Infoblox has announced that Morgan School District and railway conglomerate Keio Corporation are using BloxOne Threat Defense to secure their networks, applications, and user devices wherever they are. These customers illustrate the demand for scaling security, which cloud-based DNS inherently does, to protect the decentralized corporate network.
“Companies large and small are turning to cloud-based networks and services more than ever before, often stitching them onto what used to be a purely on-premises network,” says Jesper Andersen, CEO of Infoblox. “As enterprises become more distributed and borderless, they need security to stretch across the entire infrastructure to protect users wherever they are. Our BloxOne Threat Defense uses cloud-native DNS at the core of the network to simplify and extend security across the hybrid stack.”
“Cloud-managed DNS security platforms provide a robust, scalable and secure platform for protecting any enterprise network, no matter the size or the origination of the traffic,” says Brandon Butler, Senior Research Analyst of Enterprise Networks at IDC. “Enterprises that embrace these next-generation security best practices will ensure their networks are able to securely scale to meet the needs of their digitally transforming business.”
School districts in particular have seen a pressing need for solutions that extend network security to remote users, as the COVID-19 pandemic has forced millions of students to learn from home. The Morgan School District chose BloxOne Threat Defense after searching for a cloud-delivered solution that unified the district’s cybersecurity posture and reduced false positives. BloxOne Threat Defense gives the district a central point for enforcing malware policies for all issued devices regardless of a student’s location.
“Once our schools were shut down, we immediately began issuing Chromebooks to families,” says Ven Savage, Network Operations Manager for the district in Morgan, Utah. “We went from issuing zero take home devices to issuing 750 devices in just three days.” Since the pandemic, “content filtering has remained our primary challenge. Data Privacy laws require school devices filtered the exact same way no matter where students are using them.”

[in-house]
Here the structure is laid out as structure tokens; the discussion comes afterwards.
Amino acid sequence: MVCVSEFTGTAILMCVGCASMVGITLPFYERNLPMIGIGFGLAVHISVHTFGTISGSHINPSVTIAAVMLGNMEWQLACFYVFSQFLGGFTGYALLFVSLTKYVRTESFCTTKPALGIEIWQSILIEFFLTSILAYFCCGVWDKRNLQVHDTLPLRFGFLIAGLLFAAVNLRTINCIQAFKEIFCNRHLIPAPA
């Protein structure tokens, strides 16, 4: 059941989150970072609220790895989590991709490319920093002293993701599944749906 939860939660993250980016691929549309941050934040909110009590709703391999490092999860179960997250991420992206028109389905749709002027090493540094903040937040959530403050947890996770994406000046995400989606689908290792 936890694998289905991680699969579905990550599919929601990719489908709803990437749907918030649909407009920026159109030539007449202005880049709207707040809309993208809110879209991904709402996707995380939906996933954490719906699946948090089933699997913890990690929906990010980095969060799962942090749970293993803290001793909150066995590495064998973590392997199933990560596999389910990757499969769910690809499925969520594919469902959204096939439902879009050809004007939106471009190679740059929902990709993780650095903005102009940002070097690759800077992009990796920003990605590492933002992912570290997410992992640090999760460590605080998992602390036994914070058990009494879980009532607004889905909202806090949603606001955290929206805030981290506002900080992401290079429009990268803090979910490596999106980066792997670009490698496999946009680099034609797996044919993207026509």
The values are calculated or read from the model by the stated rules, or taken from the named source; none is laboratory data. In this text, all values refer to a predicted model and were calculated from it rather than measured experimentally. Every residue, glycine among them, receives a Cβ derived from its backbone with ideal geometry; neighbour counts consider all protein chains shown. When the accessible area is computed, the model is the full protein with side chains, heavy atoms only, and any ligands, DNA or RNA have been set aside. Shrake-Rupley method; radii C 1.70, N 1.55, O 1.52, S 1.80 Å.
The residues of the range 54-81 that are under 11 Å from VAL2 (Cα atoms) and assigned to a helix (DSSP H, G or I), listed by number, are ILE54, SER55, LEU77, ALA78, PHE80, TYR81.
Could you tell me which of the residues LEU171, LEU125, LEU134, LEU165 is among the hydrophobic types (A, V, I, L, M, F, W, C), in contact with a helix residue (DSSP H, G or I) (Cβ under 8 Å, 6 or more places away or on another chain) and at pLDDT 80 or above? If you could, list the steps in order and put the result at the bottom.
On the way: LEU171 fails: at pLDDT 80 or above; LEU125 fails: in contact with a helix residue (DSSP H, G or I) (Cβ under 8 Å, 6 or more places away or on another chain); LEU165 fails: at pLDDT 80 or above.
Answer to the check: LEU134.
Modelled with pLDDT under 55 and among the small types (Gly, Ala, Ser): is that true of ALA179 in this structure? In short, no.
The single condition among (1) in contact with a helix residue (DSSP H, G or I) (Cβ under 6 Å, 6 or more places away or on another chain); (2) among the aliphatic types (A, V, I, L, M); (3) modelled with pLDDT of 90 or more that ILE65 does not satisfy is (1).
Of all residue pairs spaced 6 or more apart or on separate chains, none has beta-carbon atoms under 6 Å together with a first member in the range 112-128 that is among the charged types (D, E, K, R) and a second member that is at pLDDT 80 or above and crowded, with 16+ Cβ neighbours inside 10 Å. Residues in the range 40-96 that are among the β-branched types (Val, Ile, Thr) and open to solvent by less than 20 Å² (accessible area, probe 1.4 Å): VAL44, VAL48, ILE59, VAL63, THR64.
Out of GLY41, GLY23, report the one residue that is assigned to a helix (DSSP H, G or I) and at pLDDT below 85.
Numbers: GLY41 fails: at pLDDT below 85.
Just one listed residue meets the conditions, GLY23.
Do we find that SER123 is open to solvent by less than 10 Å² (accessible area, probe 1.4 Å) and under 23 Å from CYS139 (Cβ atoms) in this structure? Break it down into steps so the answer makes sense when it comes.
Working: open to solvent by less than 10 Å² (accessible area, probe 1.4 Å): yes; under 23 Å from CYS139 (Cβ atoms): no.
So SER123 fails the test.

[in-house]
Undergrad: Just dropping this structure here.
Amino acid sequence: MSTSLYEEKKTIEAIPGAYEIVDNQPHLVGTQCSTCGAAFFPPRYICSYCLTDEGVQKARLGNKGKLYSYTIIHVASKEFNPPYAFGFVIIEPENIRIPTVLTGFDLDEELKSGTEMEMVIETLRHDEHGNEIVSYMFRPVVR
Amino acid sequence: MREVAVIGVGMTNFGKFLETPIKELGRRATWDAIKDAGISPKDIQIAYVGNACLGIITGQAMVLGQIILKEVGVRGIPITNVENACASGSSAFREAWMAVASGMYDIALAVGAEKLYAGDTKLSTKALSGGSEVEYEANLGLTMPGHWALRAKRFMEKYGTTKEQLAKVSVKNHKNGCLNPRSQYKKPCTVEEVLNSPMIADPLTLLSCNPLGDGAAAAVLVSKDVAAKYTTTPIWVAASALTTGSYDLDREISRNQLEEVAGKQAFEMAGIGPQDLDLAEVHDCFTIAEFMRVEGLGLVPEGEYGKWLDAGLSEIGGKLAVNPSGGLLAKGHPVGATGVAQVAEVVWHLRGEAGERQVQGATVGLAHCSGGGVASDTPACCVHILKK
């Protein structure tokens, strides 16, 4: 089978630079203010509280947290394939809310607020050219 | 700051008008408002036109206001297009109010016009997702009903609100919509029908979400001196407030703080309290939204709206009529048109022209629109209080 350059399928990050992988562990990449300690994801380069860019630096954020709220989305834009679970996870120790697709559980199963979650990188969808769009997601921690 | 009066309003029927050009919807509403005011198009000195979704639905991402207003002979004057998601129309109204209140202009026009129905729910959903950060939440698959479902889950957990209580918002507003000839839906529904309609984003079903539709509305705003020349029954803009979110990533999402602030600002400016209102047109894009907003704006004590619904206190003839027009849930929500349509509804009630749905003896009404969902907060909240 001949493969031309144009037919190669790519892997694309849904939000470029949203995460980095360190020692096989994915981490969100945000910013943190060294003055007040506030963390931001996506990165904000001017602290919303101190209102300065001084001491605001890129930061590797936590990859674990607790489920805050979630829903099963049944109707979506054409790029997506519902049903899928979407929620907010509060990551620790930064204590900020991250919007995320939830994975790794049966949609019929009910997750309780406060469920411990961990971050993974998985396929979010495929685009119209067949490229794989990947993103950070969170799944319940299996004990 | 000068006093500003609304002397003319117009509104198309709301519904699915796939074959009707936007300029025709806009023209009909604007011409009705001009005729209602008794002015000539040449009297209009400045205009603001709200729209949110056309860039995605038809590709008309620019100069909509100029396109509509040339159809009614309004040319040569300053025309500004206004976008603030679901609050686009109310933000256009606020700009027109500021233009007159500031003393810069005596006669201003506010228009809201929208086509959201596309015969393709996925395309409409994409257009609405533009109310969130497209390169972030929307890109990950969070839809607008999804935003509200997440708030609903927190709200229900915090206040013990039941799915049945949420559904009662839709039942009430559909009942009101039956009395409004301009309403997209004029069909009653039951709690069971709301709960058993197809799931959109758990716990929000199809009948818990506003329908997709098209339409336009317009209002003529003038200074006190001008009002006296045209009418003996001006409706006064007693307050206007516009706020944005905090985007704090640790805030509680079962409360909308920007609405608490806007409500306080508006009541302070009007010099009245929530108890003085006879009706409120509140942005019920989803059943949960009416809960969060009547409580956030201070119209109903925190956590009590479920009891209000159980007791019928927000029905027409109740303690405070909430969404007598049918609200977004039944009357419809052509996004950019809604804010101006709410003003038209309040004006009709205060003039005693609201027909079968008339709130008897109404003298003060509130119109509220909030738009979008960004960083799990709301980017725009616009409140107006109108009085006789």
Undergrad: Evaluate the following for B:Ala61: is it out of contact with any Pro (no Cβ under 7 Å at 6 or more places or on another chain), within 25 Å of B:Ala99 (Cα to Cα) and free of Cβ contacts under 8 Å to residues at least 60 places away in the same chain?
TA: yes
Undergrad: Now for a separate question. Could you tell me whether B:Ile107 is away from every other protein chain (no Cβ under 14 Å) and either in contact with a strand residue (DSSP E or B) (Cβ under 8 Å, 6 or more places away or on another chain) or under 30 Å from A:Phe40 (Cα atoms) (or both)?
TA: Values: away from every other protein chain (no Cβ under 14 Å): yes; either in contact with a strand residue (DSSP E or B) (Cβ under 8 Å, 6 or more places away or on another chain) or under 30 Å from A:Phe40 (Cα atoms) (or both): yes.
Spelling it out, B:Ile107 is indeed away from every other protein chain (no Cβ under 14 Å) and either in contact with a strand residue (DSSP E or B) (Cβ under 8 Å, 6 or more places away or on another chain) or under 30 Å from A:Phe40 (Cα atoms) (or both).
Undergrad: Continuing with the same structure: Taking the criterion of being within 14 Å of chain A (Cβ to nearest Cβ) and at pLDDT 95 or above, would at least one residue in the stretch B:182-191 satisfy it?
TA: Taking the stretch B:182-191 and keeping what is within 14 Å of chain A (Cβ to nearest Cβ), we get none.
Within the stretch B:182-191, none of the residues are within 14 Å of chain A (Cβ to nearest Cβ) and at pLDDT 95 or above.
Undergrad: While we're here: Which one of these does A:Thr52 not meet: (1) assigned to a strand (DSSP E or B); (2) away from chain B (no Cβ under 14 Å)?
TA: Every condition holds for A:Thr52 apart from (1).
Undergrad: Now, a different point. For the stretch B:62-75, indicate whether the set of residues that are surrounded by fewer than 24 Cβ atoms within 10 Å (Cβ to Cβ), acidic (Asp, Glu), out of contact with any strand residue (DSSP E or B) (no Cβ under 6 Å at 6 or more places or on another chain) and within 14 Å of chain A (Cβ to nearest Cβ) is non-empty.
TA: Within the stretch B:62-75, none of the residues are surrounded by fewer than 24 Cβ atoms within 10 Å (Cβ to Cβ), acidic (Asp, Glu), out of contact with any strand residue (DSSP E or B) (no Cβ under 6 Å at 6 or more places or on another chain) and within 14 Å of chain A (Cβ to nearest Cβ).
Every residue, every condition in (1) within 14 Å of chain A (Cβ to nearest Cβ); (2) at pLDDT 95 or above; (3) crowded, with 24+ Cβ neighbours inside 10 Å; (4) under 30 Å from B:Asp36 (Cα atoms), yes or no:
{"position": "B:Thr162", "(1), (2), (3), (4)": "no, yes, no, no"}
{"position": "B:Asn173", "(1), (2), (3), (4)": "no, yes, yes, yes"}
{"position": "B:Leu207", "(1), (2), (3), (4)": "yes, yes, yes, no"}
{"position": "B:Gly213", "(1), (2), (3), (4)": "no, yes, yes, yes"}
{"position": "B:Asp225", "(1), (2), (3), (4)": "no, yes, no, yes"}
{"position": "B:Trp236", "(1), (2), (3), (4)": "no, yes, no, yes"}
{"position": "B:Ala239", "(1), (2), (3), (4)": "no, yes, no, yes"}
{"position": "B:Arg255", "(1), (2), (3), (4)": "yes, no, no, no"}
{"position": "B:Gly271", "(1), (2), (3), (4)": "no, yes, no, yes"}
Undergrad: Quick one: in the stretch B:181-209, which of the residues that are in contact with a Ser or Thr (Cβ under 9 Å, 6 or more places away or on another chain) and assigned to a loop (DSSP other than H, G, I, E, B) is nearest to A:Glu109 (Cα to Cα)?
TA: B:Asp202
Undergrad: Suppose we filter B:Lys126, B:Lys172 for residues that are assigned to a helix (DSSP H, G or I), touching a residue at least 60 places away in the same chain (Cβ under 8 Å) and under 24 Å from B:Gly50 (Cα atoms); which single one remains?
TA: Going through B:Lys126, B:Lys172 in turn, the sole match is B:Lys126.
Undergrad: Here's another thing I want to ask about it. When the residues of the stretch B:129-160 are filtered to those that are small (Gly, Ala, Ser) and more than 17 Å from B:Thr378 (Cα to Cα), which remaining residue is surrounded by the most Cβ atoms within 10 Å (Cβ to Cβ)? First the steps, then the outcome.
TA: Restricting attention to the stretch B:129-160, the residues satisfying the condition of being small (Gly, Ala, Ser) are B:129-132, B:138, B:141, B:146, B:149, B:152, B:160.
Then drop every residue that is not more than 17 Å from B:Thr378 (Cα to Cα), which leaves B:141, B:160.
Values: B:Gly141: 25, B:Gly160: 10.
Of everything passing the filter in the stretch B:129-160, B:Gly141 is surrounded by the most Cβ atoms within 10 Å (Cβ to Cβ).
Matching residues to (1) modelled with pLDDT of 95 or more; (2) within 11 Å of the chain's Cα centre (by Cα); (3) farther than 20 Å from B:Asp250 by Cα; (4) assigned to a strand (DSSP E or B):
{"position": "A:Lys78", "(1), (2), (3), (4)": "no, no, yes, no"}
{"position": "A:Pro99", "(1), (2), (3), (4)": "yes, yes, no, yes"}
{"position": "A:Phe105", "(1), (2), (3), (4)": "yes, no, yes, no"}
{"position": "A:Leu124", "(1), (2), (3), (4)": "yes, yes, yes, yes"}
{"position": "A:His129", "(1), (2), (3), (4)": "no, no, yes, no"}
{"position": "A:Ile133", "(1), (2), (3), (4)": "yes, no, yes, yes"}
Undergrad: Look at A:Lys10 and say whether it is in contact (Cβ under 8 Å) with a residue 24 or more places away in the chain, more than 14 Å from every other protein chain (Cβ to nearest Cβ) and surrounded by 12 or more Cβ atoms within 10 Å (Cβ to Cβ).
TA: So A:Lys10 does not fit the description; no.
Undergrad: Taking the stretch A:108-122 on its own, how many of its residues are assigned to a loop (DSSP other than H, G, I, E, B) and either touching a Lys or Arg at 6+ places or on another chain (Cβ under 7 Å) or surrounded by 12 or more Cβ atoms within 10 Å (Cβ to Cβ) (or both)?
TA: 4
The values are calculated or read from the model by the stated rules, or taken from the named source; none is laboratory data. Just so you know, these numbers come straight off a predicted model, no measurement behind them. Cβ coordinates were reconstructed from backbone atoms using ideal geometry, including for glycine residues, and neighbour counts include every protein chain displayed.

With BloxOne Threat Defense, “I set up our filtering to happen at the DNS level which is different from other solutions,” says Savage. “It’s more effective and successful at eliminating false positives. We used to have false positives 8-10 times per day. Now, after making a few minor tweaks, my team has dealt with only one false positive in six months since we implemented Infoblox’s BloxOne Threat Defense Advanced. We had that one fixed in about five minutes.”
Keio Corporation, a Japanese railroad operator, selected BloxOne Threat Defense to secure 6,000 computers on the company’s network. The company chose Infoblox to use DNS, to more accurately identify and mitigate threats, including SEO poisoning attacks and the Emotet malware that previously went undetected.
“There have been an increasing number of new web-based threats that have been difficult to address with a traditional cybersecurity solution alone,” says Kenichi Sato, Group IT Officer-in-Charge in the IT Department at Keio. “It became necessary to build a more multi-layered defense.”
“Since Infoblox offers a cloud-based cybersecurity service, it is easy to deploy to every other company within the Keio Group,” says Hiroko Tamura, Group IT Management Officer-in-Charge at Keio. “It can also flexibly support the addition of new functions and minimize the hardware maintenance and operations costs associated with an on-premises solution.”